The Varangians or Varyágs (from Old Norse: Væringjar; Greek: Βάραγγοι, Βαριάγοι, Varangoi, Variagoi; Russian and Ukrainian: Варяги, Varyagui/Varyahy) were mostly Swedish Vikings who went eastward and southward through what is now Russia, Belarus, Ukraine and the Balkans toward the Byzantine Empire, mainly in the 9th and 10th centuries.
However, according to some scholars (including such famous ones as M. V. Lomonosov) the term "Varangians" was used to refer to all sea travelers, merchants and pirates, regardless of their origin.
The term was used in connection with Vikings and Slavic troops who traveled between the important trading centers of the time and sometimes participated in warfare.
A related term in the Russian language is Nemets (немец), which was applied to almost all foreigners from European countries, but mostly with respect to Germans. In present-day Russia this term has only one meaning: 'a German'.
According to the Nestor Chronicle, or First Chronicle of the Medieval State of Kievan Rus, compiled in about 1113, the Varangian groups included the Scandinavians known as Rus, as well as some known as Swedes, Normans, Angles, Goths, and so on.
But largely due to geographical considerations, most of the Varangians who traveled and settled in the eastern Baltic, Russian and southern territories came from the area of modern Sweden.
They were engaged in trade, piracy and mercenary activities and were often active in the river systems and ports of Gardariki (later Russia), reaching as far as the Caspian Sea and Constantinople.
According to the most widespread opinion, their name comes from the Old Norse Væringjar, a supposed plural form of várar, 'promise, word of honor'.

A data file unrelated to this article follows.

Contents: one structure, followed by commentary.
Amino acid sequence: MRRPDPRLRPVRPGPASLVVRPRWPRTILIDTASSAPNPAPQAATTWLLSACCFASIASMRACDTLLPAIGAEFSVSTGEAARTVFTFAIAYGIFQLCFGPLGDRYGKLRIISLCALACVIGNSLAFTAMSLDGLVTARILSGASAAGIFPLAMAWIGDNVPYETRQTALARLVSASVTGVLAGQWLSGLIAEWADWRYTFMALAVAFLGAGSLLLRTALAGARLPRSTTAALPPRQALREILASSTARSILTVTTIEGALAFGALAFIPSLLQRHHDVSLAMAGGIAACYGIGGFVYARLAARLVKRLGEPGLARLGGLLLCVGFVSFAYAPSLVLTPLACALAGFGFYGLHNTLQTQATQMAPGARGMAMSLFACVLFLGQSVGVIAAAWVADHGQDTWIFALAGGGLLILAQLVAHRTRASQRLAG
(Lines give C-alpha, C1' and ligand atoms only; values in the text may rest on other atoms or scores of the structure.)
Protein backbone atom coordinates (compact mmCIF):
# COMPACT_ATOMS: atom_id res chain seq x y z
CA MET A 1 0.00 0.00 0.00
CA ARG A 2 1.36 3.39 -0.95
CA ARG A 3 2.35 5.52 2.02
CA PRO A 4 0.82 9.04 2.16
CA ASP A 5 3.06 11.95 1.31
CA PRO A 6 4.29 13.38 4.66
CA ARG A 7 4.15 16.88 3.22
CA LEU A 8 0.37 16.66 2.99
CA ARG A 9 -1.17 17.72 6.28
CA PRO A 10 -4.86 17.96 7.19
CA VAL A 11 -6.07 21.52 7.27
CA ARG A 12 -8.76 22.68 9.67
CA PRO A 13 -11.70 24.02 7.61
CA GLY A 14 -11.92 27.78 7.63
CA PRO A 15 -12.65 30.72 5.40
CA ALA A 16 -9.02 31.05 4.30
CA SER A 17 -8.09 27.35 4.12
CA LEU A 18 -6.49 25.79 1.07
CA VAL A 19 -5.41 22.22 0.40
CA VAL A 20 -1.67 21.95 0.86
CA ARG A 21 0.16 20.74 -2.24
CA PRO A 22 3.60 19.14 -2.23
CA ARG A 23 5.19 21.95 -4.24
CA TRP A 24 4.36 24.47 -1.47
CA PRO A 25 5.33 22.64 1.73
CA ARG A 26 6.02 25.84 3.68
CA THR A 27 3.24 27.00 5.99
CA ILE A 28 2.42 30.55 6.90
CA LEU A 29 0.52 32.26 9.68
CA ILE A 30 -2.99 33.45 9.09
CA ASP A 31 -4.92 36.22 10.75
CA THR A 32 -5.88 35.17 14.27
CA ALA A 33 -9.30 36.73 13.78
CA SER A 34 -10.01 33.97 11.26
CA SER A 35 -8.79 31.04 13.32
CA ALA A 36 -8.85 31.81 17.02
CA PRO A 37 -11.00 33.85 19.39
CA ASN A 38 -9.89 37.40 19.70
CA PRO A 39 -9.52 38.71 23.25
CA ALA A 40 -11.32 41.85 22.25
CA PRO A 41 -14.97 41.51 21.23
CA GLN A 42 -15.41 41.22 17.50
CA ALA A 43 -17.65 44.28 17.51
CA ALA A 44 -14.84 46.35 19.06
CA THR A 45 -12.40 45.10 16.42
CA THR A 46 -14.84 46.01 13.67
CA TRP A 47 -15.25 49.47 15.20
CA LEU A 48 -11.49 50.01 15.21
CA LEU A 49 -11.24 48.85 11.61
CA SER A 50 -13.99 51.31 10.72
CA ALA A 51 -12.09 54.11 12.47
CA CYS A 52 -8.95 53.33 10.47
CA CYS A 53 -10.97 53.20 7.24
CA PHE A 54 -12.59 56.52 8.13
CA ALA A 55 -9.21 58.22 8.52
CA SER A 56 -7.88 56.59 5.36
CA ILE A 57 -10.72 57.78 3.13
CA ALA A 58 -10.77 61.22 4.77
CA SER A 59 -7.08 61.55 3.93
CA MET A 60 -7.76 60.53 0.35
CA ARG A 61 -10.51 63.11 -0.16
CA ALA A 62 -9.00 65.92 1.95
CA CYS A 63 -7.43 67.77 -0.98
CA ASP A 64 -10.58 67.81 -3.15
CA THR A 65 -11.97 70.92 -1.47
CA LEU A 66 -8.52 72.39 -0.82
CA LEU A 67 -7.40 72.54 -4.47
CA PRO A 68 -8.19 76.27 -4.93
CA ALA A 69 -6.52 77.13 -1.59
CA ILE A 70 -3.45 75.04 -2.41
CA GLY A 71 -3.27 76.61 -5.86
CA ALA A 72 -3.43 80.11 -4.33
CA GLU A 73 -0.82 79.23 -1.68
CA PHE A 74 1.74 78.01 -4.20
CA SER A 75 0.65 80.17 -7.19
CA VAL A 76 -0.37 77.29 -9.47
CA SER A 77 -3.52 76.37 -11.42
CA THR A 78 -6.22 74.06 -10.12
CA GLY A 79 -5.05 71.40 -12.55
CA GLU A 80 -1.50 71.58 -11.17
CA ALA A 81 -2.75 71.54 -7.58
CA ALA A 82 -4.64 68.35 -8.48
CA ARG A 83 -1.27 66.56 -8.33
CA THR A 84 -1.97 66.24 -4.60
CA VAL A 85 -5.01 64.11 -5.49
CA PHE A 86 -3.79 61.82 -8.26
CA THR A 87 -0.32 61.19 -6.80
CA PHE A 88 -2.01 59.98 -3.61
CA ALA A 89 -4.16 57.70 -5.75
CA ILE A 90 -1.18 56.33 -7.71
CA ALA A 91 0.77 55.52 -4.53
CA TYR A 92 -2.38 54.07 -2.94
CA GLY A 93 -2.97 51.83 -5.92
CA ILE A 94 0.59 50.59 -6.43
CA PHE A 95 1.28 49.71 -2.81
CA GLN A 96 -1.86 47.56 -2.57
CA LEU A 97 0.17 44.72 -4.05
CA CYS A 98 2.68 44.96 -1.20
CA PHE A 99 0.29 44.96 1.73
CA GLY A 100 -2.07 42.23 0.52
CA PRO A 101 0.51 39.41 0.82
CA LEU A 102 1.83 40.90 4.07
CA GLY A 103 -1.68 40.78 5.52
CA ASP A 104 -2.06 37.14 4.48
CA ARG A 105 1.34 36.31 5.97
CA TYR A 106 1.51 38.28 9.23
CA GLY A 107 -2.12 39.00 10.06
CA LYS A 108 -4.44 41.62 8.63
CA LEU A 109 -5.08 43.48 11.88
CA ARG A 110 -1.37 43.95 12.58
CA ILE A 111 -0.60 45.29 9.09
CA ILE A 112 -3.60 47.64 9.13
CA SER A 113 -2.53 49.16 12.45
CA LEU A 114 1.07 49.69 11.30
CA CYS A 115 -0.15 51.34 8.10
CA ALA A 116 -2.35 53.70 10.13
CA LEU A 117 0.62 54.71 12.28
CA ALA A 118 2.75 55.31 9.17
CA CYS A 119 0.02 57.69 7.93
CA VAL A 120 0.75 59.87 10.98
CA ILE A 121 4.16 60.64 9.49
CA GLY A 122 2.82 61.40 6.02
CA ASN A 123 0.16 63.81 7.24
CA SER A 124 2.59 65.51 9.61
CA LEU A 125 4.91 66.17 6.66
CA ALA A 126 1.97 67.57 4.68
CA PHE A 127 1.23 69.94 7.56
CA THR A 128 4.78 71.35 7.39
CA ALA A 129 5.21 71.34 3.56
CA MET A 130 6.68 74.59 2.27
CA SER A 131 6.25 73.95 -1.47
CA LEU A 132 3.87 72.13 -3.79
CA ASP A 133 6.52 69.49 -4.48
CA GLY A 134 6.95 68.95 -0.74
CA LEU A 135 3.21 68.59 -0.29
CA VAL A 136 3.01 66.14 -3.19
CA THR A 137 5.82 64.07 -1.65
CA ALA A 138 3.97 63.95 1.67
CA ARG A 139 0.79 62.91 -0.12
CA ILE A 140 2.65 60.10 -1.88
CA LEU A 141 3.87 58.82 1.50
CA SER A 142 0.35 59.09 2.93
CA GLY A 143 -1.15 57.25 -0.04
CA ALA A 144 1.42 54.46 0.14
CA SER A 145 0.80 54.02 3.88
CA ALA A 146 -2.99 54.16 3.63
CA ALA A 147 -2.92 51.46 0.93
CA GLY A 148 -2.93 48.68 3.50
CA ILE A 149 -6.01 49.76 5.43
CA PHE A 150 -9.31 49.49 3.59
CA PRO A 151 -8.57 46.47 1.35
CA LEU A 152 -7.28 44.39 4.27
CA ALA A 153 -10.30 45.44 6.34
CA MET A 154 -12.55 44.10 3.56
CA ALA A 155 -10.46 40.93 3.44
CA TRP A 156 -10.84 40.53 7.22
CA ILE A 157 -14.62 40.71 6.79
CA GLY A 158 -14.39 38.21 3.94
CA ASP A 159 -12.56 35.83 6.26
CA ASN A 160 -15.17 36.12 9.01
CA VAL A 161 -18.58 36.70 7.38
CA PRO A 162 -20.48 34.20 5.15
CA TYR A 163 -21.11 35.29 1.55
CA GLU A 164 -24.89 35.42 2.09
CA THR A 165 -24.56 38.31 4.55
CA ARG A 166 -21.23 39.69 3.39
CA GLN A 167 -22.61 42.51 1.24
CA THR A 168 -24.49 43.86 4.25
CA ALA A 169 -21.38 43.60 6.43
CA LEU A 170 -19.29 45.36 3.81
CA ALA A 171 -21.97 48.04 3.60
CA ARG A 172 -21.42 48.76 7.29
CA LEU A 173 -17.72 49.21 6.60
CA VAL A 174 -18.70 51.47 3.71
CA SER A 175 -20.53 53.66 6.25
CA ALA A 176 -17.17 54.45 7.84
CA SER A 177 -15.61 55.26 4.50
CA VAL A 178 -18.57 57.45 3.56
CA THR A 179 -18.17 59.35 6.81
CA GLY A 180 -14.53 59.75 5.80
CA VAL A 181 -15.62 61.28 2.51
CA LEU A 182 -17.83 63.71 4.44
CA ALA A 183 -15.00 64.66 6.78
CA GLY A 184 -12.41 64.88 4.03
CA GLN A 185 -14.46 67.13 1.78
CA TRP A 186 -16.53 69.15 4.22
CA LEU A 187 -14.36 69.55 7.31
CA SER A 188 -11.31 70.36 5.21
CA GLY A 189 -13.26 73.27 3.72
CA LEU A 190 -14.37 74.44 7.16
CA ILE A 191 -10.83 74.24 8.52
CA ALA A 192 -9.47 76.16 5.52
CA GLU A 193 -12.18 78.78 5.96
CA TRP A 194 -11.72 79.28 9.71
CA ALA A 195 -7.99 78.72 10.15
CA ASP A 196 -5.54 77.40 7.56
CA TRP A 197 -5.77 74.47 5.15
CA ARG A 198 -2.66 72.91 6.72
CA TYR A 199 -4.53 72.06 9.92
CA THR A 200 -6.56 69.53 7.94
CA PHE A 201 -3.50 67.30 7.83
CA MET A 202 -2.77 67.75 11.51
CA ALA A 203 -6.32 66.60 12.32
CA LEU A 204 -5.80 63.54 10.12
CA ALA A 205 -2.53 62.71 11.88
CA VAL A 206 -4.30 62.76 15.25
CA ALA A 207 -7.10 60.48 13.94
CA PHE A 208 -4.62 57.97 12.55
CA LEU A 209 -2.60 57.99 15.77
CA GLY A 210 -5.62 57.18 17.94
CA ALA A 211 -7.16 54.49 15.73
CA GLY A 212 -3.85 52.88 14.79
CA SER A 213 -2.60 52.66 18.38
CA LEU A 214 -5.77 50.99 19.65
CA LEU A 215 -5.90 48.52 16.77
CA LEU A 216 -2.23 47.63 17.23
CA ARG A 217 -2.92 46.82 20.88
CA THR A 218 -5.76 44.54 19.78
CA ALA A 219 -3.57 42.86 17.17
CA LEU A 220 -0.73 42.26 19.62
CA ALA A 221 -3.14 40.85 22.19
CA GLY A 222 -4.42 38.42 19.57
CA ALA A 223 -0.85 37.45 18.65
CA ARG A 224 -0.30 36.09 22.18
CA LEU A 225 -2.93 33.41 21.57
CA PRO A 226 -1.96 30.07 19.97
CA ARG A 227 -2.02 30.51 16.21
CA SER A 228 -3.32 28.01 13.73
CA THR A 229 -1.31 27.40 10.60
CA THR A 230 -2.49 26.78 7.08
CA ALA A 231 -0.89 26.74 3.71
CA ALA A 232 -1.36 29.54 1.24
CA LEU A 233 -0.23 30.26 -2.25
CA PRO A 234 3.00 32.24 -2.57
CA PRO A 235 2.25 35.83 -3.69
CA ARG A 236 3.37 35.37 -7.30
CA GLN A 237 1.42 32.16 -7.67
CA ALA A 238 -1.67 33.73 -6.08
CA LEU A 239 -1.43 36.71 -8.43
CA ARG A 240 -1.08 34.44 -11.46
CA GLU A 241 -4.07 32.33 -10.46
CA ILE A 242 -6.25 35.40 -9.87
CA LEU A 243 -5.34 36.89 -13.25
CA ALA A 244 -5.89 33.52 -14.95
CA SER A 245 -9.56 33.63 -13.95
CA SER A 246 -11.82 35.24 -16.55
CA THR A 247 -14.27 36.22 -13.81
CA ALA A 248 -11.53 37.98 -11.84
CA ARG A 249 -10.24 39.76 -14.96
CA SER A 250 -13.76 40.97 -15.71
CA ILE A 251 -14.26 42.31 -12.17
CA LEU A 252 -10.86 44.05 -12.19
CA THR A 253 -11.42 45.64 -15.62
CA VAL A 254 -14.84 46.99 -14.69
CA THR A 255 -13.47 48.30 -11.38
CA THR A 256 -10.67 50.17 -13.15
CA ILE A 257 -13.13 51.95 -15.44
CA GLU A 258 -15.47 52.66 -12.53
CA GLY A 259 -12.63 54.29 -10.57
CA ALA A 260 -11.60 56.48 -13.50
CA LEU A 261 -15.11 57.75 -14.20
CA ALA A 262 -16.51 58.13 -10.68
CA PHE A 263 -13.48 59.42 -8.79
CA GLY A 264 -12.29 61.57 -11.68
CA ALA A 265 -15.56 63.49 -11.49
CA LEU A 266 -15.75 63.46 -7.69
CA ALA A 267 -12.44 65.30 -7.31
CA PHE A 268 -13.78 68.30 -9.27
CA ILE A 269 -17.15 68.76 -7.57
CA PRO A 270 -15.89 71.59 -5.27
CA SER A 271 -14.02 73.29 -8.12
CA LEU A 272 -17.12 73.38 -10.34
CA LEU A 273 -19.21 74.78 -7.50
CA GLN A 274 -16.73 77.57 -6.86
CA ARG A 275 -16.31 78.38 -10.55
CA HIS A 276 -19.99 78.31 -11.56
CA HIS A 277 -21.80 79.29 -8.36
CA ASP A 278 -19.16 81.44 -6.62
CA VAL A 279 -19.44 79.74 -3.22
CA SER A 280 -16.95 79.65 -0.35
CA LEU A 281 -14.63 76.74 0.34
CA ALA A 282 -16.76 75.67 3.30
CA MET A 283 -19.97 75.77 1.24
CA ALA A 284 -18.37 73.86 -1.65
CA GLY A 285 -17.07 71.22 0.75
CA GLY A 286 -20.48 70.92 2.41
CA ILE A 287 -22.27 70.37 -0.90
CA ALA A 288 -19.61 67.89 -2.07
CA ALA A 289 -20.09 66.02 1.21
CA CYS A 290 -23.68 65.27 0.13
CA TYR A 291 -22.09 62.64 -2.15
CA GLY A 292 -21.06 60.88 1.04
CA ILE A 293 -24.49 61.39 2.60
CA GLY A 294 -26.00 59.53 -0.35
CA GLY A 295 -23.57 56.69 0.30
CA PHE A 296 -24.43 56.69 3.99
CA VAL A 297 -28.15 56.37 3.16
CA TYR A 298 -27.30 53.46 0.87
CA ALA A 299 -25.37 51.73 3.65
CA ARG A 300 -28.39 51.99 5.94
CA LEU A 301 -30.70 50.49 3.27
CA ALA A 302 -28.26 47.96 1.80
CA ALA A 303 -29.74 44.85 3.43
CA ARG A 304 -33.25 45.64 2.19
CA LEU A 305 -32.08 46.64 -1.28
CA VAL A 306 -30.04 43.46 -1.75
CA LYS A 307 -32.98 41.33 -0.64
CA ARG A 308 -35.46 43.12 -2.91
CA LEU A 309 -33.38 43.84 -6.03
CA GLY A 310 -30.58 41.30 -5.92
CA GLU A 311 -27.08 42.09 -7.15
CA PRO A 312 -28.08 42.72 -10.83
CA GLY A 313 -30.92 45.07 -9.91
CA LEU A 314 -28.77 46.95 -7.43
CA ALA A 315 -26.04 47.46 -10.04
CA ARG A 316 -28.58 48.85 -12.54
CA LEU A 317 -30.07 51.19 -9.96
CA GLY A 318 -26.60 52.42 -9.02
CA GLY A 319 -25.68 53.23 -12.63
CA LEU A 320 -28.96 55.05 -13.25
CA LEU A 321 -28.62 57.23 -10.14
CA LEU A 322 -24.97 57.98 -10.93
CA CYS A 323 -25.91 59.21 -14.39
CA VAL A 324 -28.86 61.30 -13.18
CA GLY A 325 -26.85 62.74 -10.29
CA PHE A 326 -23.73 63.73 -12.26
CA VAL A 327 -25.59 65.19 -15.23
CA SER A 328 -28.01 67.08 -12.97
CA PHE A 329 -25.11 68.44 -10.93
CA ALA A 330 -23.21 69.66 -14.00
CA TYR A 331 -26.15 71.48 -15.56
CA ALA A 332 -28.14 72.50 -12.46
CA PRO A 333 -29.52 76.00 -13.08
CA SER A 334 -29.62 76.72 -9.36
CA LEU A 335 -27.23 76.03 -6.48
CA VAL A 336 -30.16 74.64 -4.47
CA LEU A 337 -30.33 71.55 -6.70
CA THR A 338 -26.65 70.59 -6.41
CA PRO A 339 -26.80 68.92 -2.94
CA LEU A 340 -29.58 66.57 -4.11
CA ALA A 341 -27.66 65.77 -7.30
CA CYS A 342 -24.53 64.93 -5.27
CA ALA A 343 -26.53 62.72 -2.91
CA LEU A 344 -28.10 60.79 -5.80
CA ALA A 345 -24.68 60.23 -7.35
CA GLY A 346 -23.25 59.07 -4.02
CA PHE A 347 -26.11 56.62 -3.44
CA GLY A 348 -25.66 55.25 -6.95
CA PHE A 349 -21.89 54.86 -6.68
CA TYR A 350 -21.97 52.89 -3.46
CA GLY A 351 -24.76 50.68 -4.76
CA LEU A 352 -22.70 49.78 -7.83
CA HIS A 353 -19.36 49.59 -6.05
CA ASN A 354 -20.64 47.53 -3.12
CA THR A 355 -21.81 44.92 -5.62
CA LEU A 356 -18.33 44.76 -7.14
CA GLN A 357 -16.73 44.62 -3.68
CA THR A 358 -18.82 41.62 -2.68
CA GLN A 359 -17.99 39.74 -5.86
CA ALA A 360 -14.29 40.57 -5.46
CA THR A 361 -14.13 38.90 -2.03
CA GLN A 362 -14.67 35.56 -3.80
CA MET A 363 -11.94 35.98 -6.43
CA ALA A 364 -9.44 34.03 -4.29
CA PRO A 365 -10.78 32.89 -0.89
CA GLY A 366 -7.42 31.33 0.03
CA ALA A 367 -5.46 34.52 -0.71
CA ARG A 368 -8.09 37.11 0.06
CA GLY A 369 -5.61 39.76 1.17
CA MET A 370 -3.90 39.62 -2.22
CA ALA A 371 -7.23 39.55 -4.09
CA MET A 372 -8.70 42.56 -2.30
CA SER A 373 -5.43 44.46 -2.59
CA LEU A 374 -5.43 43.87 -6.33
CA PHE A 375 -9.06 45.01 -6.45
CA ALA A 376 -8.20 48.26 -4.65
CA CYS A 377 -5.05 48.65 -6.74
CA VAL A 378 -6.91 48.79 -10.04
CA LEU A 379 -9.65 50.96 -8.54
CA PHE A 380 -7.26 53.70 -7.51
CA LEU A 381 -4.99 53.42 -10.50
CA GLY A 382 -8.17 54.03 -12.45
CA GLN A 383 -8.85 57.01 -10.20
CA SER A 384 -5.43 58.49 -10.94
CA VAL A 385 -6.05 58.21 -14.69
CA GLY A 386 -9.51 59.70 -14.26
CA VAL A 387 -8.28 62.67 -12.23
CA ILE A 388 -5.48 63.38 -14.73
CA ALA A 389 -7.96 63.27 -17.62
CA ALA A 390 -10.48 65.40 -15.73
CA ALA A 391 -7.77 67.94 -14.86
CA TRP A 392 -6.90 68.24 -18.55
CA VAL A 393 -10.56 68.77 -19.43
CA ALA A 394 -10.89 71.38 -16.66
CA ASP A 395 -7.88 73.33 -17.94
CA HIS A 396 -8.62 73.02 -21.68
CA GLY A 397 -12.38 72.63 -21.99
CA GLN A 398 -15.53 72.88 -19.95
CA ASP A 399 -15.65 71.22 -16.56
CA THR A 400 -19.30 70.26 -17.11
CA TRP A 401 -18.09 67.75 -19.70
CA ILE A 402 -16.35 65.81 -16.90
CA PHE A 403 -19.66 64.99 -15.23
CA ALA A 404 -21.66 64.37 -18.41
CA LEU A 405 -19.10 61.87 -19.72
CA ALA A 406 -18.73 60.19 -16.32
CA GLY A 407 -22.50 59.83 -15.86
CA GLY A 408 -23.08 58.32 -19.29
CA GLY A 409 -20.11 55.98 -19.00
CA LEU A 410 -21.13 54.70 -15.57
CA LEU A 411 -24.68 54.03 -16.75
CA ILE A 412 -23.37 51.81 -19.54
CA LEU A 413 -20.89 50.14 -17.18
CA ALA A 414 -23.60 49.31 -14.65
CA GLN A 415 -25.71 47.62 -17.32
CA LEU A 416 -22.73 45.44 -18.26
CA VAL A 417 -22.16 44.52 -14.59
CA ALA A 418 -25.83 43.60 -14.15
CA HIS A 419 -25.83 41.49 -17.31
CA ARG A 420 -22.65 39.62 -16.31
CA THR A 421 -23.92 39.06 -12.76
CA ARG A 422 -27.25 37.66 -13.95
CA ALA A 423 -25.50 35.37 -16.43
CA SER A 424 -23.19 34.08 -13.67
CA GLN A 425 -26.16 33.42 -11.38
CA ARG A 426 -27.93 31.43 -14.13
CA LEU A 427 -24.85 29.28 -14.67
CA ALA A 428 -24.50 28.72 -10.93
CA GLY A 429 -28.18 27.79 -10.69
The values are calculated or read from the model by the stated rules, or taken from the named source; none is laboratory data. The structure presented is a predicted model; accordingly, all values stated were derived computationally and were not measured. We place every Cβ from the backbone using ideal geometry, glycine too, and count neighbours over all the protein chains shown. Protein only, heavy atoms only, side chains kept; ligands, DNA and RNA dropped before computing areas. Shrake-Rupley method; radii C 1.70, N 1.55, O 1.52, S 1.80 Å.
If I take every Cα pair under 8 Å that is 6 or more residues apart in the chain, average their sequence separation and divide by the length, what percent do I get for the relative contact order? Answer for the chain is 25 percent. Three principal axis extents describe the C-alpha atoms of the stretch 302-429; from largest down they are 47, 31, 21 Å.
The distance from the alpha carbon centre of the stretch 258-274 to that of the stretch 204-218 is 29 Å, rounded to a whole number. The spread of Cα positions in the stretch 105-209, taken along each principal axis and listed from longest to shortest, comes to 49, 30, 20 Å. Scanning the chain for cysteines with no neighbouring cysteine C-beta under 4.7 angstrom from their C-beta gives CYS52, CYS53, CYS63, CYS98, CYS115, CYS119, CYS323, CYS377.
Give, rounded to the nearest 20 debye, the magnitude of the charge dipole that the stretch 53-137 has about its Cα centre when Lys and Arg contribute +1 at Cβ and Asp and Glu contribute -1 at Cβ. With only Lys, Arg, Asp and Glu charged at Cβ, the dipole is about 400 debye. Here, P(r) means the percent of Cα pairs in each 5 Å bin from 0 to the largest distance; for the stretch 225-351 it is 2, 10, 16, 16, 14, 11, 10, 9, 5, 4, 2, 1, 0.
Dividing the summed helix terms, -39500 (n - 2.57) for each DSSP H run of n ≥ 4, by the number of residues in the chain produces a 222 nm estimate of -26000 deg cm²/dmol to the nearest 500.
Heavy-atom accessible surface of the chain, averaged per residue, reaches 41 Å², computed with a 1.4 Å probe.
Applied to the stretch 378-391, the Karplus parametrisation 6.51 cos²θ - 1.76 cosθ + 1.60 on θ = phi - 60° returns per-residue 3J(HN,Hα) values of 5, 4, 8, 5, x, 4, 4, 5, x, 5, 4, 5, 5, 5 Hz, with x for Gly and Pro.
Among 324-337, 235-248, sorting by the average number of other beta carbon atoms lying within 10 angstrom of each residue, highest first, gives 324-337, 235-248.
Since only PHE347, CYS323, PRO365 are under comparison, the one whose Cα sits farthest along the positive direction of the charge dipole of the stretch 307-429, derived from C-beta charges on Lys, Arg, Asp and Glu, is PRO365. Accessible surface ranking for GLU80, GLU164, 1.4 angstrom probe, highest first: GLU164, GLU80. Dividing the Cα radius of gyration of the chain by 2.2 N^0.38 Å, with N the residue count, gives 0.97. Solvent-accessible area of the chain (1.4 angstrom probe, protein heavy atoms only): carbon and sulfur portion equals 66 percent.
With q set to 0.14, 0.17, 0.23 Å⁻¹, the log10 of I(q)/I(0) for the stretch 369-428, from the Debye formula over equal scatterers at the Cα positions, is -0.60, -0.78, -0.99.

The East Slavs and Byzantines, however, did not distinguish the Scandinavians from other Germanic peoples when they used this term. In the Nestor Chronicle it is also used to include the Danes and Angles.
The word variag means in modern Russian "hawker," a reference to the trading past of the Vikings.
The Varangians (varyagui, in Old Slavic) are the first people mentioned in the Chronicle of Nestor who demanded tribute payments (the so-called danegeld or 'Danish gold' in the British chronicles) from the Slavic and Finno-Ugric tribes of central and northern present-day Russia around 859.
In 862 these tribes rebelled against the Varangians, but soon began infighting, which led them to invite the Norsemen to rule them and bring peace to the region.
Led by Riúrik and his brothers Sineús and Trúvor, they settled around the city of Novgorod, Beloozero and Izborsk respectively. Upon the death of his brothers, Rúrik dominated the region as the sole chief warlord and delegated the local government of the settlements of Polatsk, Rostov and Beloozero to his followers.
These Varangians were also known as Rus' or Rhos and whose origin is mentioned in contemporary chronicles along with Svie (Swedes), Normane (Norwegians), Angliane (Anglians) and Gote (Gotlanders).9
The Annales Bertiniani mention the arrival of a delegation from Emperor Theophilus at the court of Ludovico Pio where they were well received.
Among the contingent was a group of men called Rhos whom the Byzantine emperor requested from Ludovico free passage through the Frankish empire so that they could reach their destination, discovering in conversations that they were Swedes (comperit eos gentis esse Sueonum), those hostile men from the north accustomed to plunder in his domains and he held them for a while until he was convinced of their honesty and that they were not spies to better know the weaknesses of the Carolingian empire.
Western historiography holds that these Scandinavians were the ones who founded Kievan Rus, giving the country its name. Many Slavic researchers oppose this theory of Norse influence, presenting alternative theories for this stage of Russian history.
The name by which the early inhabitants, mostly Finns and later also Slavs, knew these Varangians was precisely the Rus, perhaps coming from the same root by which the Finns know Sweden today, Ruotsi.
Unlike Normandy or the British Isles, where Scandinavian influence was crucial, the Varangian culture did not survive in the East. On the contrary, the Varangian ruling classes of two of the most powerful city-states, Novgorod and Kiev, were Slavicized, although Old Norse was spoken in Novgorod until the 13th century and a Scandinavian mercenary force continued to serve the Byzantine emperors.